The pursuit of making flies look better and more realistic is never-ending. The fish probably don’t care nearly as much as we do, but being a perfectionist at times is the only way to keep growing.
Imitating chironomids isn’t necessarily hard, but making them exactly how you envision them in your mind is what makes it challenging. There are many materials that work great for imitating the segmentation on a chironomid pupa, but for the last few years I have been hard-pressed to find one better than spinning two strands of UTC 70 tying thread together to form a ribbing. I’ve received a number of messages and emails asking how to do this, so I figured it was time for this article to be written.
Twisted thread ribbings are just as simple as tying in a length of wire, flashabou or tinsel. If you are using one single colour of rib, cutting one long strand and doubling it up is quicker and easier than tying in two separate strands. That being said, sometimes examining the segmentation of a natural chironomid can sometimes give off the effect of two different colours in the rib. This is where UTC 70 thread really shines, as you can easily double two separate strands of different colours or shades without adding too much bulk to the fly.
For this tutorial, I’m tying on a #18 Dai-Riki 285 curved shank nymph hook. This is solely an example, now is the time to get creative with different body and ribbing colour combos.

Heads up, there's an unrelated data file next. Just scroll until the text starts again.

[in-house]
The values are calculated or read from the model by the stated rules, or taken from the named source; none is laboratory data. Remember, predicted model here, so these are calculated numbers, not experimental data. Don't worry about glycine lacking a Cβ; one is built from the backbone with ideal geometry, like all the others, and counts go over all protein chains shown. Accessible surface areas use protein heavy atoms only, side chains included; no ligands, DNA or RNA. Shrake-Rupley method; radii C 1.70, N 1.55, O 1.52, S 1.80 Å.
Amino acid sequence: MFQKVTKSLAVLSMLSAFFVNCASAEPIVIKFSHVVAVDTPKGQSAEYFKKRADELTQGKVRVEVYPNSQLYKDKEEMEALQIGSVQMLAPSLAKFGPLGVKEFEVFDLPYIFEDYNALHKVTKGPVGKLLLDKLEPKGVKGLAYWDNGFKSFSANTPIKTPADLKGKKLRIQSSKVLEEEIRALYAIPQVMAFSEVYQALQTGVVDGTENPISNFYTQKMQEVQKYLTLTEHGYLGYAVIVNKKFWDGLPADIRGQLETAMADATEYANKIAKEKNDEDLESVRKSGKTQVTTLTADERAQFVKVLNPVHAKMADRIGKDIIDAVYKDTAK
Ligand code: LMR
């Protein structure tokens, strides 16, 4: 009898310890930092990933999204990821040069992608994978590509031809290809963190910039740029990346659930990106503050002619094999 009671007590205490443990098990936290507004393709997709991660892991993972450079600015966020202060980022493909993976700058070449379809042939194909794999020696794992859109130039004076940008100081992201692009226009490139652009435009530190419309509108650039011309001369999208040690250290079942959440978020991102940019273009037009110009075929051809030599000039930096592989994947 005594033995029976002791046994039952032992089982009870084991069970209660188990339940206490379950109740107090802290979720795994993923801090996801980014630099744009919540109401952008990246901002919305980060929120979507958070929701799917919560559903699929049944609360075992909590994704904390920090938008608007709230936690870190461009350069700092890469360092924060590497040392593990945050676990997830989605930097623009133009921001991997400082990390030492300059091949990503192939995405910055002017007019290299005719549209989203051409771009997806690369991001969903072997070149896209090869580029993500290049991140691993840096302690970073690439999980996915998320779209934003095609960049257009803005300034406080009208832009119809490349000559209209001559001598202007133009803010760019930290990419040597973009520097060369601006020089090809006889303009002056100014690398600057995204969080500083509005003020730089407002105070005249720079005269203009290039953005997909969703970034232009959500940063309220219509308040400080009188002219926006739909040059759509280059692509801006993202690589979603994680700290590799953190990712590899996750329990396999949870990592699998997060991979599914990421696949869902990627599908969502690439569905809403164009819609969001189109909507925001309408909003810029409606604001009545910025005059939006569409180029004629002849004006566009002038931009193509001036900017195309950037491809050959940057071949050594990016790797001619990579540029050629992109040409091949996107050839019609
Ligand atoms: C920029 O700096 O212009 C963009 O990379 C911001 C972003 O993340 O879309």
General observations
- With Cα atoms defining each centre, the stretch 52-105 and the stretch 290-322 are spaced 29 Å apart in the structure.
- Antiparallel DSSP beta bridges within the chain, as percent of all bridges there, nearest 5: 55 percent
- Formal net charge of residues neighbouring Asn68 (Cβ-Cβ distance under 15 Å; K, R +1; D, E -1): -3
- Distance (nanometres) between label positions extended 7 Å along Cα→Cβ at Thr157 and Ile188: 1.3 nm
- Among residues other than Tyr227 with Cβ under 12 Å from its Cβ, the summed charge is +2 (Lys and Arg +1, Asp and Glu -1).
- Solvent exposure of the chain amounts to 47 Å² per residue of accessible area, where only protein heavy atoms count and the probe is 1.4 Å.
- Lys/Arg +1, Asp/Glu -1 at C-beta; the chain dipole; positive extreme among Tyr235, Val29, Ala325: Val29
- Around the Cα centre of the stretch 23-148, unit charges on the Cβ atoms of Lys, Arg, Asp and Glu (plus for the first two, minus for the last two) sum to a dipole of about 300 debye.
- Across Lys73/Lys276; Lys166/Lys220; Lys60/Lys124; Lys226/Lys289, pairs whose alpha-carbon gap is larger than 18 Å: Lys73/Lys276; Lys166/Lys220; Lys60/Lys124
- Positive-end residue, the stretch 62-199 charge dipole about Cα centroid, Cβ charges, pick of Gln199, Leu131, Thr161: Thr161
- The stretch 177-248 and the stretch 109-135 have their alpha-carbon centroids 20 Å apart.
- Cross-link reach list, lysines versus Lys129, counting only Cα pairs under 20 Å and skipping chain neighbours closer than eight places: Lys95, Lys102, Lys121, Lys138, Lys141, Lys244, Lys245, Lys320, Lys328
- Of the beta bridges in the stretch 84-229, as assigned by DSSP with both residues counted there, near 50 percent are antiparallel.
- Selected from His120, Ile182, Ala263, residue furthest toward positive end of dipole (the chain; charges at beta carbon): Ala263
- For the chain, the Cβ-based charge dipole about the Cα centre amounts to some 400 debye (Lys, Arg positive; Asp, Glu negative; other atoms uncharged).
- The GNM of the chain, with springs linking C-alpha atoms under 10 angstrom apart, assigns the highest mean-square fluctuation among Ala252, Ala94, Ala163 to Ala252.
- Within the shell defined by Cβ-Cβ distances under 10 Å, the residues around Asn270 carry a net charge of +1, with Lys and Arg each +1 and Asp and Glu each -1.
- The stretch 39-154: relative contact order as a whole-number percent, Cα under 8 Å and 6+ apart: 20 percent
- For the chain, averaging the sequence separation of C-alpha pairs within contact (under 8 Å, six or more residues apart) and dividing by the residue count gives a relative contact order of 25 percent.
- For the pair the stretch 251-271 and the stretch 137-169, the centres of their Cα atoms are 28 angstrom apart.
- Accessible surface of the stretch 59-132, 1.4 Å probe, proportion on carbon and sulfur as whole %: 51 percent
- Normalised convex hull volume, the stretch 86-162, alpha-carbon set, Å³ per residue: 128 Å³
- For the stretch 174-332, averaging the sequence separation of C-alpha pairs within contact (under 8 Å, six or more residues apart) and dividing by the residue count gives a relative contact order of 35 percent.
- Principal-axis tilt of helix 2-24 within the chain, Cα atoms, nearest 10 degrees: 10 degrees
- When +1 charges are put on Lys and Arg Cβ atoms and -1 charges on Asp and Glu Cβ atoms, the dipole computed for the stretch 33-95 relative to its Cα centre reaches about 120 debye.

Step 1: Attach thread behind bead. For this bug I’m tying with a 5/64 white bead. Since the white bead is a gill imitation in itself, there is no need to tie in a UNI-Stretch or antron yarn gill.
Step 2: Cut a piece of thread twice as long as you’d cut a piece of wire or flashabou. Simply double it around your body material, match the ends and wrap it back.
Step 3: Wrap your thread ribbing back and form a gentle taper up to the bead.
Step 4: Twist your two strands of thread tightly together before wrapping forward as the ribbing.
Tip: Hackle pliers come in extremely handy, especially when not using a rotary style vice, to keep the thread from coming apart while wrapping.
Step 5: Whip finish, cut thread, add thorax of your choice & repeat!
I learned this technique from my good friend Len Bevaart many moons ago. Thread ribbings make up for well over half of my chironomid patterns, and I think they provide the most realistic segmentations. Later this week, I’ll cover dual-tone thread ribbings.
Want to learn a little more about chironomid fishing? I’ll be teaching a series of “Intro to Chironomid Fishing” courses at Trout Waters Fly & Tackle on March 15th, as well as Michael & Young Fly Shop on Saturday, March 24th at both the Surrey and Vancouver locations. For more information click here!